Groundwater truly is the unsung hero—it has been, until recently, the epitome of “out of sight, out of mind.” So, we need to keep groundwater in the forefront of our conversations, in the forefront of the decisions we are making. While we recognize it is not the only consideration and topic to be discussed, we have to ensure it has a place at the table. We need to remember that we rely on groundwater for sustaining life and for our livelihood, and that groundwater relies on us. Let’s Keep It Clean!
What You Can Do to Protect Groundwater
So, what can you do? Your community can become a Groundwater Guardian, just like Seward, Nebraska and over 100 other communities across North America. For more information about the program, call us or visit our website, www.groundwater.org, and click on the Groundwater Guardian button.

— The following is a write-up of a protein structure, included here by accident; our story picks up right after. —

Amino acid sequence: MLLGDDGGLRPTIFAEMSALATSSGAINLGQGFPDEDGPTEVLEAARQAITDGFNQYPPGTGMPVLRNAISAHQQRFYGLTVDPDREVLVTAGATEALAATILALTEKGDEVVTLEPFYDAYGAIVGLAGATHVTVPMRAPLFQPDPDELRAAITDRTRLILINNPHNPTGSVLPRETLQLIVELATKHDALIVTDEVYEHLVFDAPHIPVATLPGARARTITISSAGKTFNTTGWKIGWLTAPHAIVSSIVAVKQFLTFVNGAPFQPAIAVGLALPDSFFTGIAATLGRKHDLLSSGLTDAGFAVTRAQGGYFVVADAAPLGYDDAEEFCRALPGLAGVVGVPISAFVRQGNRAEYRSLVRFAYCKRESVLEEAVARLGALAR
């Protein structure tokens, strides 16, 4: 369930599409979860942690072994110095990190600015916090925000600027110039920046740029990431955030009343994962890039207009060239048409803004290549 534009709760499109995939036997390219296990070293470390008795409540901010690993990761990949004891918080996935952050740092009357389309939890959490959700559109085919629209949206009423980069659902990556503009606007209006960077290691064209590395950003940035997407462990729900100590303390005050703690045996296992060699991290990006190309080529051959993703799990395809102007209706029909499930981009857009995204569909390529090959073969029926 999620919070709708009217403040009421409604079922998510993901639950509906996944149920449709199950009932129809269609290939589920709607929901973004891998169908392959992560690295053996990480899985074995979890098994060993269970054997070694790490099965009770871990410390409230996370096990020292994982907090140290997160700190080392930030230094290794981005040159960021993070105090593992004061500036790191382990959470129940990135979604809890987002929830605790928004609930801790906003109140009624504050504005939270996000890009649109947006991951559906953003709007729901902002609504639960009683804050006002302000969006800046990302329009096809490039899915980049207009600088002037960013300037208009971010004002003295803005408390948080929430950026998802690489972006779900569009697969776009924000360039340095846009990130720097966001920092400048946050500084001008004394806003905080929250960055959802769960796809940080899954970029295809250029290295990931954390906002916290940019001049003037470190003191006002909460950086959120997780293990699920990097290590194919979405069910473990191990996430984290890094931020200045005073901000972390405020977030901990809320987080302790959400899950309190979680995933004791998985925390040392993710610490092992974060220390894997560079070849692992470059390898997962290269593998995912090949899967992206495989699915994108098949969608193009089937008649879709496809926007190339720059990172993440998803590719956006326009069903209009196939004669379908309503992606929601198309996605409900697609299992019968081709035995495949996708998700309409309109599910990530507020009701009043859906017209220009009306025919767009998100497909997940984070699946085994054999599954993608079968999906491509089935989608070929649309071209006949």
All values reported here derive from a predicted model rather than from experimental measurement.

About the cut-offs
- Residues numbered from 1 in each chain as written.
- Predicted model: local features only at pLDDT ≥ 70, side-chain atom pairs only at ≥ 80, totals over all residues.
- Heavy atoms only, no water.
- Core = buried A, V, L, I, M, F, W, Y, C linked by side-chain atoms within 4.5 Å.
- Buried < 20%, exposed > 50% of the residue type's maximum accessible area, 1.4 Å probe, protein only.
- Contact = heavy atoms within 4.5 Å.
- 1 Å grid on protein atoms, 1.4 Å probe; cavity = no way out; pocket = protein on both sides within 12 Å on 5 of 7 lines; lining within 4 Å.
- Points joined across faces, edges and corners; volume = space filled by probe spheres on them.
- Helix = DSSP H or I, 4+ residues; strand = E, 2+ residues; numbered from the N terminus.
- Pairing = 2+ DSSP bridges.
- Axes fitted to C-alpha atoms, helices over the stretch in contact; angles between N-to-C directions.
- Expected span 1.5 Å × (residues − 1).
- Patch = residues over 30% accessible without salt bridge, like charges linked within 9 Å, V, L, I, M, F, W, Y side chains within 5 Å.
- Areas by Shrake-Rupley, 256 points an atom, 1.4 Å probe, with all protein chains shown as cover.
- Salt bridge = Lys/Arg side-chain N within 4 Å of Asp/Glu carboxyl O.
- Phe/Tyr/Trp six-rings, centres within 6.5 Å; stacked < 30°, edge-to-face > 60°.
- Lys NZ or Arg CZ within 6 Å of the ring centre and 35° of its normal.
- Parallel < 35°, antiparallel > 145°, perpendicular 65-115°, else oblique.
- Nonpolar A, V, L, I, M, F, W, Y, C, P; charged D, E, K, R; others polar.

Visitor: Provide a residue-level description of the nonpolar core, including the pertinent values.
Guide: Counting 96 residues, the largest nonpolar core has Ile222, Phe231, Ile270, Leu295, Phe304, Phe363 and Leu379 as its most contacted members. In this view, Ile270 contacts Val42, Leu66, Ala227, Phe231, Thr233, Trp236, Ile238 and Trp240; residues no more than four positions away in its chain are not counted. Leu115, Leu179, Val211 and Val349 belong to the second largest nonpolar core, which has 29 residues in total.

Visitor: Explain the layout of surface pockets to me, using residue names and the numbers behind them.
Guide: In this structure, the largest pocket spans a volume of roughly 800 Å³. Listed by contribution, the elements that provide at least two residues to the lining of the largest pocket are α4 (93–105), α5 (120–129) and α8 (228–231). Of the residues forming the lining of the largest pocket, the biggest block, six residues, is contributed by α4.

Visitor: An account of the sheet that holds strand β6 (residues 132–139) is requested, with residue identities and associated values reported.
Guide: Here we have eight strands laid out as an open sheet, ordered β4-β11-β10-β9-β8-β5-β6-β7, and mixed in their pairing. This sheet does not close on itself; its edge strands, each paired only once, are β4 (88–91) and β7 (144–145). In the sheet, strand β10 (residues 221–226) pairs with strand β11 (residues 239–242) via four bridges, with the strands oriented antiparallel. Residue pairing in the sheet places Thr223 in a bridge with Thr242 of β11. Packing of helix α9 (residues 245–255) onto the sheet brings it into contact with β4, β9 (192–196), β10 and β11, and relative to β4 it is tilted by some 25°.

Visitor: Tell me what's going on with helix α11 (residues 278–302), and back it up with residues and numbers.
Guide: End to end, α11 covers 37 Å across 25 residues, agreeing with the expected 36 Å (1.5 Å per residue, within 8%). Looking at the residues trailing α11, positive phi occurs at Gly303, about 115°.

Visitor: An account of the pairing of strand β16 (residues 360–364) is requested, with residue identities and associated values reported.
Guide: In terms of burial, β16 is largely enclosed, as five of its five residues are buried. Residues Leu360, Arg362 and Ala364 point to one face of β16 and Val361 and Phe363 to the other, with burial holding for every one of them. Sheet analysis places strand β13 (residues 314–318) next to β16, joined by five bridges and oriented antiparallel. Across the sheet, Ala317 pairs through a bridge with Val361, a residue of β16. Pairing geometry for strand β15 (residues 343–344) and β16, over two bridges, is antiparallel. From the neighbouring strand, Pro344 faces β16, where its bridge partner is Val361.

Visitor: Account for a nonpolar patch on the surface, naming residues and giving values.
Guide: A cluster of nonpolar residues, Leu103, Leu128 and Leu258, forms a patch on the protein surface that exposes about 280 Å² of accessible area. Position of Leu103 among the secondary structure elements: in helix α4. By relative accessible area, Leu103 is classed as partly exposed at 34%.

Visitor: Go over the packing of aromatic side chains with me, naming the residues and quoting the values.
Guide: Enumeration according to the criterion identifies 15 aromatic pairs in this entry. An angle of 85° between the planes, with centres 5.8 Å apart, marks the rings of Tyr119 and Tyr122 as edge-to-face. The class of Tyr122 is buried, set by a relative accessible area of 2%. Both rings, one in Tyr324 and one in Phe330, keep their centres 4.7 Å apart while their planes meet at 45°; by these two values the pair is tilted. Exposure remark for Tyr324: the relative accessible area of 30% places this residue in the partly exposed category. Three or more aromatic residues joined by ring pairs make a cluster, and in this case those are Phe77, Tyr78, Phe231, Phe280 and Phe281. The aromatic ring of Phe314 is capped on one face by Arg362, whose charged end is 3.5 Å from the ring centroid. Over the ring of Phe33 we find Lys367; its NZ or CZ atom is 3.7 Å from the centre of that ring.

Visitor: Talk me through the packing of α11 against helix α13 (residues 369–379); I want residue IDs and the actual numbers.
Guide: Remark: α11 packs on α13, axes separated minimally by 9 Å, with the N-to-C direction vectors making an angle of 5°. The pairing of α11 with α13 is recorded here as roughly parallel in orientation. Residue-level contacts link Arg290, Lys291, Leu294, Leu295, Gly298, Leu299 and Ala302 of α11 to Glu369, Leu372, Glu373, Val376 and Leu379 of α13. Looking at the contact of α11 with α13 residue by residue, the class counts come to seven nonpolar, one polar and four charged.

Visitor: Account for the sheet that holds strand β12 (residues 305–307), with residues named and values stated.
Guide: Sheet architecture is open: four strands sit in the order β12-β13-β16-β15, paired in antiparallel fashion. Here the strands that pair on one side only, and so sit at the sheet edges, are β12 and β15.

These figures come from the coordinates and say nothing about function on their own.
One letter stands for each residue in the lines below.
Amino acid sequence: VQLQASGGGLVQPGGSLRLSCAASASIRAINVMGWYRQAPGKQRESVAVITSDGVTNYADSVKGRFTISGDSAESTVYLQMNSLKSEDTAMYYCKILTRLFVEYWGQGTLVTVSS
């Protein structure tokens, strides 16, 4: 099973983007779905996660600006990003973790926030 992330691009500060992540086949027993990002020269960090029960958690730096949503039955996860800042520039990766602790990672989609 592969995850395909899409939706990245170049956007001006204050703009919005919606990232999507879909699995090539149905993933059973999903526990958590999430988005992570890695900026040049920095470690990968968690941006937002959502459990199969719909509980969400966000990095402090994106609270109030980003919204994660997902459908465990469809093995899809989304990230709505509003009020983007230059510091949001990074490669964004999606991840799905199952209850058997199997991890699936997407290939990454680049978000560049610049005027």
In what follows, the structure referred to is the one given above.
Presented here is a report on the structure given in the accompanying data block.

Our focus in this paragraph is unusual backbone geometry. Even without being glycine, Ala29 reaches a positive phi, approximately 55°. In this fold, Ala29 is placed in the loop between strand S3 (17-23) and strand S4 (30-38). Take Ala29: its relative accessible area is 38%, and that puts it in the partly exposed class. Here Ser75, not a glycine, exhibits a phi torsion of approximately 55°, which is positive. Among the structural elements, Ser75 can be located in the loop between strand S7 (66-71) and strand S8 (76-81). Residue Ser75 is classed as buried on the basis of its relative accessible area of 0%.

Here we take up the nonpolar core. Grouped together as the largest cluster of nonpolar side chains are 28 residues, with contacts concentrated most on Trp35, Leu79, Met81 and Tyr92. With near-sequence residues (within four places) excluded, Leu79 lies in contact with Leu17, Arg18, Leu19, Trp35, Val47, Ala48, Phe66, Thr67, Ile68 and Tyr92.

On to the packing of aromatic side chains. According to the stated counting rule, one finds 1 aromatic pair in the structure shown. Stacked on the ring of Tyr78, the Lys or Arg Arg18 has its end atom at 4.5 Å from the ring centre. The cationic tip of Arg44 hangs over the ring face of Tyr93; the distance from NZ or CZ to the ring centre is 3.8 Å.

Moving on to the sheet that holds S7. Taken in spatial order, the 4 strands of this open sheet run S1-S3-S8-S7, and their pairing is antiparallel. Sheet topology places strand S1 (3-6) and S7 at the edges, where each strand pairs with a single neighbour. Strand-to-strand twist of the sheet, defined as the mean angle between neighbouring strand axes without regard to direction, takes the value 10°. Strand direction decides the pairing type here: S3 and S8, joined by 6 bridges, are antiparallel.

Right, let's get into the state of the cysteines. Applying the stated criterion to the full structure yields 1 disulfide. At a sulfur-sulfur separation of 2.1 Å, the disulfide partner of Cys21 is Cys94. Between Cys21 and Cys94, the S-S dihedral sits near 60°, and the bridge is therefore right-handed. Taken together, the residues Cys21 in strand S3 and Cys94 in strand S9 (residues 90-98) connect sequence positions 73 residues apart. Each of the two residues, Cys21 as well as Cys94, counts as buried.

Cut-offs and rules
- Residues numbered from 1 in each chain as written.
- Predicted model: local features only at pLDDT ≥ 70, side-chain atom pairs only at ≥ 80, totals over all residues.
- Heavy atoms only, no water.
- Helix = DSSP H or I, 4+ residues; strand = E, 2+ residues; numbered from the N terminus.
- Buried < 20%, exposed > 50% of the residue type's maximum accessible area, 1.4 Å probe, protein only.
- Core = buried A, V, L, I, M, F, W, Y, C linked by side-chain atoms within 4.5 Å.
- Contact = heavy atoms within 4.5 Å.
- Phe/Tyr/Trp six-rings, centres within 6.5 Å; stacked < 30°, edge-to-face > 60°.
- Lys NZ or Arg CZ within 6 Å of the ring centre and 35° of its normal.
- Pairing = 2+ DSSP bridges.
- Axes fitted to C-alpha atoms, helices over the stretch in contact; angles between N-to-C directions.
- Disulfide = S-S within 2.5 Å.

Maybe that program isn’t a fit. Why not become or recruit a Green Site in your community? Any site that is managing turf (golf courses, educational and corporate campuses, athletic fields, etc.) can apply for the Green Site designation. Hundreds of sites across North America are a part of this program and collectively have reduced potential threats to our groundwater supply, as well as conserved hundreds of millions of gallons of water. Again, call us or visit our website and click on the Green Site button for more information.
Get your school involved in groundwater education projects, visit a water festival or get fun activities off of our web site (www.groundwater.org, Kids Corner). Never doubt that a brief introduction can truly foster a future steward. Take Brandon Davis’s story. Here is a letter we received from Brandon in 2009: